In the Path of the Storm

Global Warming, Extreme Weather, and the Impacts of Weather-Related Disasters in the United States
Released by: Environment Rhode Island Research & Policy Center

After a year that saw many parts of the country hit by scorching heat, devastating wildfires, severe storms, and record flooding, a new Environment Rhode Island Research & Policy Center report finds that the risks posed by some types of weather-related disasters will likely increase in a warming world. Scientists have already detected increases in extreme precipitation events and heat waves in the United States, and the Intergovernmental Panel on Climate Change recently concluded that global warming will likely lead to further changes in weather extremes.

Since 2006, according to the report, federally declared weather-related disasters in the United States have affected counties housing 242 million people – or roughly four out of five Americans – including multiple times in all five Rhode Island counties.

The complete county-level data can be viewed through an interactive map.

The breadth and severity of weather-related disasters in Rhode Island – coupled with the emerging science on the links between global warming and extreme weather – suggest that we should take strong action to reduce emissions of global warming pollution and take steps to protect communities from global warming-fueled extreme weather events.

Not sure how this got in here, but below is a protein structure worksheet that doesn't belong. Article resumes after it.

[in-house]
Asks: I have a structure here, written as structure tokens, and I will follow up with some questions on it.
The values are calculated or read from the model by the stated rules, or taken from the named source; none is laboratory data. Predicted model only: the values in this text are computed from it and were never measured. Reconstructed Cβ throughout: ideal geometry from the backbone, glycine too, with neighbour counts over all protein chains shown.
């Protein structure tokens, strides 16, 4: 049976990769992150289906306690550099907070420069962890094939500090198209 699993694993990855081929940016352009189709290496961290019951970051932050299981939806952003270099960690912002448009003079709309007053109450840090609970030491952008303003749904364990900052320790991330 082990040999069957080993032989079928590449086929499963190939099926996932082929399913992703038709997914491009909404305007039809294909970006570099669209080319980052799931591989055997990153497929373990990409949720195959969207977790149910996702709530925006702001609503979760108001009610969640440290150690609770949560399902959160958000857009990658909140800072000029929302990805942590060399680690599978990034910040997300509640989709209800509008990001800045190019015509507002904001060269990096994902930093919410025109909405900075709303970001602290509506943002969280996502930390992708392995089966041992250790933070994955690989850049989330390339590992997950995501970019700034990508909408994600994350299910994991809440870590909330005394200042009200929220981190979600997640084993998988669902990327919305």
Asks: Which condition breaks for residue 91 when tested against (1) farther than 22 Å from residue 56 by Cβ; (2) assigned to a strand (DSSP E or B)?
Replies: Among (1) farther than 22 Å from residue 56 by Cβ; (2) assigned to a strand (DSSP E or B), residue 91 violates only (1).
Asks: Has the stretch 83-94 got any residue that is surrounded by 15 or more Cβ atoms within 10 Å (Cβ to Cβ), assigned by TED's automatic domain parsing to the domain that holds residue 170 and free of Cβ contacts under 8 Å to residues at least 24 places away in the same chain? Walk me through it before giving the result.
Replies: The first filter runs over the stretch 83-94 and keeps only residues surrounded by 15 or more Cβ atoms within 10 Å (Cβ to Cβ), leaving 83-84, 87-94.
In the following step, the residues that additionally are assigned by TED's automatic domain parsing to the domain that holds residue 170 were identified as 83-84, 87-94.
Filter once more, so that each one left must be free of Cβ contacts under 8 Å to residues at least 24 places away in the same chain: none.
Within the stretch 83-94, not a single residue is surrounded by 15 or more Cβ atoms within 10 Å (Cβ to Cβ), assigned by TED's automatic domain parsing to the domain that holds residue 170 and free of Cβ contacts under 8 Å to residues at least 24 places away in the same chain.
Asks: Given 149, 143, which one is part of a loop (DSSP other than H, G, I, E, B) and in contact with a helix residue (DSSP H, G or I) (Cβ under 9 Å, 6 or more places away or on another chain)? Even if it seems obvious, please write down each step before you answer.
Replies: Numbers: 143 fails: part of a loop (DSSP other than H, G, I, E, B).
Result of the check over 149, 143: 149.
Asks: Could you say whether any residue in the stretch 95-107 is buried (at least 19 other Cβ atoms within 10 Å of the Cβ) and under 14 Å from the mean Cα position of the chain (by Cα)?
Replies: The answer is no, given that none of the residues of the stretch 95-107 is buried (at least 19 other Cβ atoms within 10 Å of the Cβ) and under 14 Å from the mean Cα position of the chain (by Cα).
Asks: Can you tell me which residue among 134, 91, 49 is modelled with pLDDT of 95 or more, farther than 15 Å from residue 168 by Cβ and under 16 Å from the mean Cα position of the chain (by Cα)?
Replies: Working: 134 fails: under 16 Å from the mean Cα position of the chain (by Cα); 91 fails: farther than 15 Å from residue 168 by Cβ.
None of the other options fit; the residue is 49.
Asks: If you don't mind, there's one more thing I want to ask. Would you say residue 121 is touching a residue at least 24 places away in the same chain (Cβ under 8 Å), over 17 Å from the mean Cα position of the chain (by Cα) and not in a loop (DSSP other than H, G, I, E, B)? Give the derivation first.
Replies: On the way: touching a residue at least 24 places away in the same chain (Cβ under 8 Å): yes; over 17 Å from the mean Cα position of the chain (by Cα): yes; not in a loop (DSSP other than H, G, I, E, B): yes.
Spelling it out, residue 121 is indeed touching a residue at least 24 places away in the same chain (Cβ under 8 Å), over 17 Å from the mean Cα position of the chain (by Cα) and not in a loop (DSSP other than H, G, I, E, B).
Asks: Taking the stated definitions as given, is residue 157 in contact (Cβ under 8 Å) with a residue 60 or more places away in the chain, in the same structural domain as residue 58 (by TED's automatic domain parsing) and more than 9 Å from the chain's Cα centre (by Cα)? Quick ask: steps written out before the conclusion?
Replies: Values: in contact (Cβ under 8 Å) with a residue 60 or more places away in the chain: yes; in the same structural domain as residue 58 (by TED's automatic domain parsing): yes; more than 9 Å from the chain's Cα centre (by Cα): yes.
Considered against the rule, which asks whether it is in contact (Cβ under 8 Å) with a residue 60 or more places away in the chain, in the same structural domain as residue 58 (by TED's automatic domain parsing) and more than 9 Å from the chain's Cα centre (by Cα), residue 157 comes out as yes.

States like Rhode Island should reduce global warming pollution now, and begin planning for a future in which many types of extreme weather events are more severe and occur more frequently.

  • Rhode Island should adopt clean energy solutions that reduce our dependence on fossil fuels and reduce global warming pollution. Among the most important steps are:
  1. Adopting enforceable targets, financial incentives, regulatory changes, and investment strategies that increase the use of renewable energy sources such as wind and solar power.
  2. Implementing appliance standards, building codes, enforceable efficiency targets for utilities, fuel-efficiency standards for vehicles, and other steps to promote energy efficiency.
  3. Continuing to develop and implement the fuels and technologies of the future – from electric vehicles to energy storage devices to “smart grid” technologies and new renewable sources of energy.
  • Rhode Island should adopt and implement limits on global warming pollution capable of reducing emissions by at least 35 percent below 2005 levels by 2020 and by at least 85 percent by 2050.
  • Short of economy-wide caps on global warming pollution, Rhode Island should focus on capping and reducing pollution from the largest sources – most notably power plants and the transportation sector. A stronger emissions cap through the Regional Greenhouse Gas Initiative can help achieve this goal.
  • Rhode Island officials should take steps to better protect the public from the impact of extreme weather events – steps that save costs compared to suffering the full brunt of these extreme events.